The book details plenty of other algorithmically-backed insights that can be applied in daily life, from the costs of overthinking to the wisdom of incorporating random chance into decision making. Plus, there’s a neat excuse the next time your mom yells at you for dumping clothes on your chair — it’s just a cache system with spatial locality.
“How Not to Be Wrong: The Power of Mathematical Thinking” by Jordan Ellenberg
If mathematician Jordan Ellenberg didn’t have his name on the cover, you might think “How Not to Be Wrong” was instead written by the authors of “Freakonomics.” The book follows an analogous format, weaving a thread between theoretical mathematics and intriguing practical applications.
Ellenberg begins by addressing the age-old question about math: “When am I going to use this?” He relates the famed “missing bullet holes” story involving statistician Abraham Wald, tasked during World War II with finding the most cost effective way to protect bomber plans. After studying the location of bullet holes on returned plans, Wald reached a counterintuitive conclusion that the armor should be strengthened on the seemingly least hit parts.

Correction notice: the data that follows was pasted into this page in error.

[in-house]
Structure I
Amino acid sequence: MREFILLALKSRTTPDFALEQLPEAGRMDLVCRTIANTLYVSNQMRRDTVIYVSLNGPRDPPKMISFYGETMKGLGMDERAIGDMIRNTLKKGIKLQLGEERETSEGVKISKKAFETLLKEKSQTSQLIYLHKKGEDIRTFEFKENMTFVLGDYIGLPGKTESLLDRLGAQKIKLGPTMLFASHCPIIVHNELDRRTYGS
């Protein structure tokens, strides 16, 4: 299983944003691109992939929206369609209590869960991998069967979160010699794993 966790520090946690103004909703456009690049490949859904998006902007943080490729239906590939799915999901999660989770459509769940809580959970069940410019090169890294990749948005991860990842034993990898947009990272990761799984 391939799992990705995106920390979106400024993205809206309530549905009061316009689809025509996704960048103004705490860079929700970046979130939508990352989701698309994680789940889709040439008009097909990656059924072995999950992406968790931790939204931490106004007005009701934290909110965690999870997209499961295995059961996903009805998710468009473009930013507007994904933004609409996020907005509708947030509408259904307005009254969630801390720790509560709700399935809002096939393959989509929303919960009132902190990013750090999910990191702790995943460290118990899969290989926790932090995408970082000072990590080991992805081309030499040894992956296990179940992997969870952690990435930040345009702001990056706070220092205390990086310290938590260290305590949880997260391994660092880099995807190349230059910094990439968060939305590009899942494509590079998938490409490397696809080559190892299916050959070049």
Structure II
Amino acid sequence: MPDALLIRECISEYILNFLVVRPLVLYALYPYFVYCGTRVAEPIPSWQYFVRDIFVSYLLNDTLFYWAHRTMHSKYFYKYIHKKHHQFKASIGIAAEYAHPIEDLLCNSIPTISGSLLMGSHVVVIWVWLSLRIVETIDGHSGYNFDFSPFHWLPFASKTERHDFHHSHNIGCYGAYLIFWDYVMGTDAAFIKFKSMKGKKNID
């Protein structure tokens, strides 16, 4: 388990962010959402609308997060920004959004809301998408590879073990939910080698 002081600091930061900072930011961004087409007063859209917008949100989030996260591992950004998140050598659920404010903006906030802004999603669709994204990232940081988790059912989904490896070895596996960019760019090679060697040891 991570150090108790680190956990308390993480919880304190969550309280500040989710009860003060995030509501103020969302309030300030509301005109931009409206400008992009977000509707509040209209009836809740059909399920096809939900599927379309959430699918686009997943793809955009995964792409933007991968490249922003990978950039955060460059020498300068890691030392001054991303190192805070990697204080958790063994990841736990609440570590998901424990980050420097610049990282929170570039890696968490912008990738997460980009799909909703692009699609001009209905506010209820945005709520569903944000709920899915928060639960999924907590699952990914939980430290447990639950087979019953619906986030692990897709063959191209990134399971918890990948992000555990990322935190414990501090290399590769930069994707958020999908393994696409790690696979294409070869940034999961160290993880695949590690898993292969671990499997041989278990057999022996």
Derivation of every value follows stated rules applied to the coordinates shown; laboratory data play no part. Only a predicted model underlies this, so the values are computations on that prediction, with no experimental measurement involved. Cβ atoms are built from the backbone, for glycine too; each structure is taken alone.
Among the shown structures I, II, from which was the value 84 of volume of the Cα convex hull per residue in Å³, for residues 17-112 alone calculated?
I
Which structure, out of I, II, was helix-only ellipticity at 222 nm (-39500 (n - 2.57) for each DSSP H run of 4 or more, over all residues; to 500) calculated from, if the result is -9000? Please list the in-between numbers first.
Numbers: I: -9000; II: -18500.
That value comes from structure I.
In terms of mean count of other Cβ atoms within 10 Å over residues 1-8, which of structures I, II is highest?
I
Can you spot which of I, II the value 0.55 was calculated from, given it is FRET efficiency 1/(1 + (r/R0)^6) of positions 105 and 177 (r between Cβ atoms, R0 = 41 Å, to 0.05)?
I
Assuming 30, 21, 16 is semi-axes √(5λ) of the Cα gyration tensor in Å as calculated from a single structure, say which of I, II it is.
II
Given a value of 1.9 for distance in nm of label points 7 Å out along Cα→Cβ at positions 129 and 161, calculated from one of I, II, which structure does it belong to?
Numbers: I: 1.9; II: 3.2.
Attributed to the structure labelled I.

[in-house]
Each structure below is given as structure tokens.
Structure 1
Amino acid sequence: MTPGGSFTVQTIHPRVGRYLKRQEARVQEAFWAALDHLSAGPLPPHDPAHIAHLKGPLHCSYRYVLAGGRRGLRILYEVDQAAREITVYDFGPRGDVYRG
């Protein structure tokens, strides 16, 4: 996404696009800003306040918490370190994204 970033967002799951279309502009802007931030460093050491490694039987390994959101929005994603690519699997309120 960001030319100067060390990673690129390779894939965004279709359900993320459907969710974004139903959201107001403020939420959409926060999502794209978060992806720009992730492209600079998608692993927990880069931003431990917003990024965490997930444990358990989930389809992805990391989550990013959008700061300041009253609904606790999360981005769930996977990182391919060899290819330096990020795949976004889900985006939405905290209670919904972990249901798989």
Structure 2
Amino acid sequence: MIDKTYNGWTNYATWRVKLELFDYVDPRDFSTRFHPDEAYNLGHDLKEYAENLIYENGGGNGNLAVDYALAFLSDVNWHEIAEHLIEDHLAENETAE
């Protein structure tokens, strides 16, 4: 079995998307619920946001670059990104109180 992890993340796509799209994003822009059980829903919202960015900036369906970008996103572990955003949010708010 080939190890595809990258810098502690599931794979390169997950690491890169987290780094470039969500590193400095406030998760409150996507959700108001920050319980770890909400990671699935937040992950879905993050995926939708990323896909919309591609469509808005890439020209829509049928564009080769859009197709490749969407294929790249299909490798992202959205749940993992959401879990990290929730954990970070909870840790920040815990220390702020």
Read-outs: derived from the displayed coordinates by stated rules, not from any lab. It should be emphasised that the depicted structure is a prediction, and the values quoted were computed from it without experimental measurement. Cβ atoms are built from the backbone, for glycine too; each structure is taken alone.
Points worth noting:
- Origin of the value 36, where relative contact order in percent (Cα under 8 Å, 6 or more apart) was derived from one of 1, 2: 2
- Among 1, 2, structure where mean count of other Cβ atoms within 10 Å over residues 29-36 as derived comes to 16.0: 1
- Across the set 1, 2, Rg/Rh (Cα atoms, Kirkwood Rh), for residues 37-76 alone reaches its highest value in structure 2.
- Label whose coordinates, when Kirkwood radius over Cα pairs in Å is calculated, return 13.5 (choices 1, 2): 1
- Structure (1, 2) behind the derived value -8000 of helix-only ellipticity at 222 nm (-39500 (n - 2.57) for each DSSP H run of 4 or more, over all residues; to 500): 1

The reason? Planes that return from combat clearly survived whatever bullets they took, suggesting that parts with fewer visible hits — say, the engine — were likely struck among the aircraft that never returned. Wald understood the statistics concept of “survivorship bias,” which Ellenberg shows underpins other common distortions in how we view problems.
The book dissects additional failures even experts fall victim to. The assumption that trends are linear led one team of researchers to predict that 100 percent of Americans will be overweight by 2048. As Ellenberg points out, such a model implies that by 2060, 109 percent of Americans would be overweight. The example is extreme, but illustrates that our intuitions about historical patterns can lead us astray. Instead, argues Ellenberg, we should default to an assumption that a given phenomenon is nonlinear, until proven otherwise.